As the COVID-19 pandemic shuttered colleges in early March, student organizations like the Sikh Student Association (SSA) at Fresno State had to move their meetings to a virtual format.
When the new board members were elected, they saw an opportunity to give back to their community in a time of need.
According to data by the U.S. Bureau of Labor Statistics, over 17 million people were unemployed in June, and the unemployment rate fell from 13.3 percent in May to 11.1 percent. The economy hasn’t fully recovered, and many people are facing some type of basic needs insecurity, either food or housing.
Over several Zoom meetings, several board members, including President Sandeep Sandhu, Treasurer Sarabjot Mander and Sangat committee member Amandeep Narwal, came up with the idea of hosting a food drive for families in need.
“We thought we could help as many people as we can in difficult times because a lot of [our members] come from middle class families,” Mander said.
Giving back to the community is very common for Sikhs practicing Sikhi (commonly known as Sikhism), the fifth-largest religion in the world with over 20 million members. At a gurdwara, the place of worship for Sikhs, people take part in langar, a communal kitchen service part of every gurdwara in the world.
Anyone can take part in langar and obtain a free meal whether they practice Sikhism or not.
Since COVID-19 has limited the number of people in places of worship, many gurdwaras around Fresno County are unable to partake in langar. As a result, community members have looked for ways to help people outside of the gurdwara.
One of the basic tenets of Sikhism is sewa, which means selfless service. Sewadar is a term used to refer to a person who performs sewa without looking for a reward of any kind.
“A value of the Sikh religion, or Sikhi, is to give back to people in need, so we strongly emphasize that and will continue to strongly emphasize that moving forward as a club,” Sandhu said.
In mid-May, Fresno State SSA created a GoFundMe page to purchase food and supplies, raising around $3,180. Still, the page didn’t gain as much traction as they hoped.
Mander said the goal was to raise around $20,000, so they contacted several local punjabi-owned businesses.
“We went around to Punjabi-owned businesses, mostly trucking companies, and we collected around an extra $28,000,” Mander said. “In total, I think we had around 45 different business donors.”
Several of these business donors included Kerman Car Wash, NB Trucking and Premier Pizza. Although they exceeded their goal, Mander said he’s extremely grateful, but the process was not effortless.
Sandhu, Omreep Mander and Sarabjot Mander went to talk to businesses in Fresno County, but many of them said to come at different times when they weren’t busy. Sandhu said there were several days where they worked from 7:30 a.m. to 11:30 p.m.
“We [drove] almost 300 to 400 miles in a day just going back and forth because some businesses [said] ‘come back at this time,’ and another one would say ‘come back at this time,’” Sarabjot Mander said. “We’ll be in Selma, and then after that we have to go to Fresno to meet someone and then we’ll have to come back to Caruthers.”
Once they received the donations, the next part was thinking about what foods and supplies to buy. Sandeep Johal, a Sangat committee member, said they focused on purchasing foods with a long shelf life, so they could store them for one to two weeks before they were placed in boxes.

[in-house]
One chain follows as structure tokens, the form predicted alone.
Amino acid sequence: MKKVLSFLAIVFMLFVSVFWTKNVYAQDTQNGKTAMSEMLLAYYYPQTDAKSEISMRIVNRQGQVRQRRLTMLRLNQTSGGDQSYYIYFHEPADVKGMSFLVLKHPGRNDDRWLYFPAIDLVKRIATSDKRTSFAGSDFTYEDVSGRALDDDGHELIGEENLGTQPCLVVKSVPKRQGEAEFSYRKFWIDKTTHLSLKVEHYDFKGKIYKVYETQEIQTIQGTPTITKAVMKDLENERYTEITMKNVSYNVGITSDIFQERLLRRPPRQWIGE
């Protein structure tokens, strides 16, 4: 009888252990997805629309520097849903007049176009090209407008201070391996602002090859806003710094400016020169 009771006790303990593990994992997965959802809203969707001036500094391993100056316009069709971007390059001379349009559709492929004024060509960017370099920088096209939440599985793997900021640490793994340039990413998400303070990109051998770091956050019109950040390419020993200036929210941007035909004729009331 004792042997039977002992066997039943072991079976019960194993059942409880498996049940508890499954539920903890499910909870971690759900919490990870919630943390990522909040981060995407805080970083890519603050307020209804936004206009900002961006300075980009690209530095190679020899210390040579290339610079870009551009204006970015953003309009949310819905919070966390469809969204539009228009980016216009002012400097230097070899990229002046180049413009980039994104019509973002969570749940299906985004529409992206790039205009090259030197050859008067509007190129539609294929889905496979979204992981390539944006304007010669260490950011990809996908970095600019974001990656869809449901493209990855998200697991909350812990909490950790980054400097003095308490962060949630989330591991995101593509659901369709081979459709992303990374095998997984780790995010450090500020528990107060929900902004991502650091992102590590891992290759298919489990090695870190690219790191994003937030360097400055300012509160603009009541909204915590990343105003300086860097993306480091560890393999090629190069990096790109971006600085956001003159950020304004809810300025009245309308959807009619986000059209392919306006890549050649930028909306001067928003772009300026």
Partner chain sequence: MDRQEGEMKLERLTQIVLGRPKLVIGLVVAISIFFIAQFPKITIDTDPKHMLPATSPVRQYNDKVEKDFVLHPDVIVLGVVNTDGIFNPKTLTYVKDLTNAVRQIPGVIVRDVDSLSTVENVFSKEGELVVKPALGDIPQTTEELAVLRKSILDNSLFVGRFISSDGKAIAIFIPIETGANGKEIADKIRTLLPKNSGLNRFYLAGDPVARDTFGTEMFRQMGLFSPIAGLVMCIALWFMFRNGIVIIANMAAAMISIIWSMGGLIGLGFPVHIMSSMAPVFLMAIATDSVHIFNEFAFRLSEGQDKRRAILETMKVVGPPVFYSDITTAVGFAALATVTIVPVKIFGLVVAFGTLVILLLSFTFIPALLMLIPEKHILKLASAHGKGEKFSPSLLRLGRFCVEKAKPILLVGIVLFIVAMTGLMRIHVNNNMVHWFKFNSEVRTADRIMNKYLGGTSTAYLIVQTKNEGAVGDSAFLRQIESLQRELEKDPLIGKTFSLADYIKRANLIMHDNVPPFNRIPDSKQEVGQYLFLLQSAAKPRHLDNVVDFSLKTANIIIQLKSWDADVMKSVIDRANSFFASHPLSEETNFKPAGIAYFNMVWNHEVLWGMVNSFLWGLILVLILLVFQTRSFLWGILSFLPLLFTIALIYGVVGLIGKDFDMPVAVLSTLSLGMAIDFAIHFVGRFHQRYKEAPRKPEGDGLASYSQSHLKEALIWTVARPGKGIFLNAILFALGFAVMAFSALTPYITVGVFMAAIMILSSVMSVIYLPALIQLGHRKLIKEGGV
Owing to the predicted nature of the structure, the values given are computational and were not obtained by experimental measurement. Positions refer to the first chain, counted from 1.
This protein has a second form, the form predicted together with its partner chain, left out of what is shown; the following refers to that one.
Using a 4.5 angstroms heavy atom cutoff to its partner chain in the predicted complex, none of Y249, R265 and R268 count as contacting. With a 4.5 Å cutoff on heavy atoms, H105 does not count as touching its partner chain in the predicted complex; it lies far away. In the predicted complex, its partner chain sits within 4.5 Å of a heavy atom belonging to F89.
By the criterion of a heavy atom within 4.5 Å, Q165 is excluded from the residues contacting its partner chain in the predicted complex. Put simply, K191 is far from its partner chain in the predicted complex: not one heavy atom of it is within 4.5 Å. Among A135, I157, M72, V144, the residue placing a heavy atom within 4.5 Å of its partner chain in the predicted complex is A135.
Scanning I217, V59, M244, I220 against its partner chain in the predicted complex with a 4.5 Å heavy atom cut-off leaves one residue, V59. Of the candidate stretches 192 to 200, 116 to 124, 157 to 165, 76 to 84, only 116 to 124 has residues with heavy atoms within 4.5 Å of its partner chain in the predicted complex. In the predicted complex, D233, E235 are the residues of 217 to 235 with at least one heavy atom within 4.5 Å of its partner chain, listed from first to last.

“We [purchased] mainly canned food, flour, pasta and granola bars because those are things that are necessities that people can use on a daily basis, but we could also keep them for a week,” Johal said.
The main target group of the drive was groups of four to five-member families, Sandhu said. Based on that, the club members chose ingredients that families could use for cooking supplies such as macaroni, rice and flour.
In total, the club handed out 1,059 boxes to families in Fresno County on June 21 and 22. Each box contained around $30 of dry goods that could last up to a week.
A pamphlet was also stashed inside each box as well, which talks about the message of Sikhism as well as some quick facts.
“A lot of people don’t know about our religion, and a lot of people don’t know what the basis and the values are of being Sikh,” Sandhu said. “..This way people get a better understanding of our religion.”
There are many misconceptions surrounding Sikhs in America, and many people confuse them with Muslims and Middle Easterners because of their brown skin, turbans or beards.
There are about 500,000 Sikhs living in the United States, according to the Sikh Coalition. Estimates say there are more than just 30,000 living in the central San Joaquin Valley.
Because of the many misconceptions, Sikhs have been a target of hate crimes in the U.S. and in the Central Valley. In 2016, a 68-year-old Sikh man, Amrik Singh Bal, was attacked while heading to work as his attacker believed he was a terrorist.
Since the 9/11 attacks, Muslims and Sikhs in America have been the target of hate crimes as many individuals make snap judgments and call them terrorists.
The basic message of Sikhism is the opposite of terrorism — one creator and one human race, all equal each with the creator’s light within.
“Our religion believes in giving back to families and people, and we’ll continue to do that moving forward,” Sandhu said.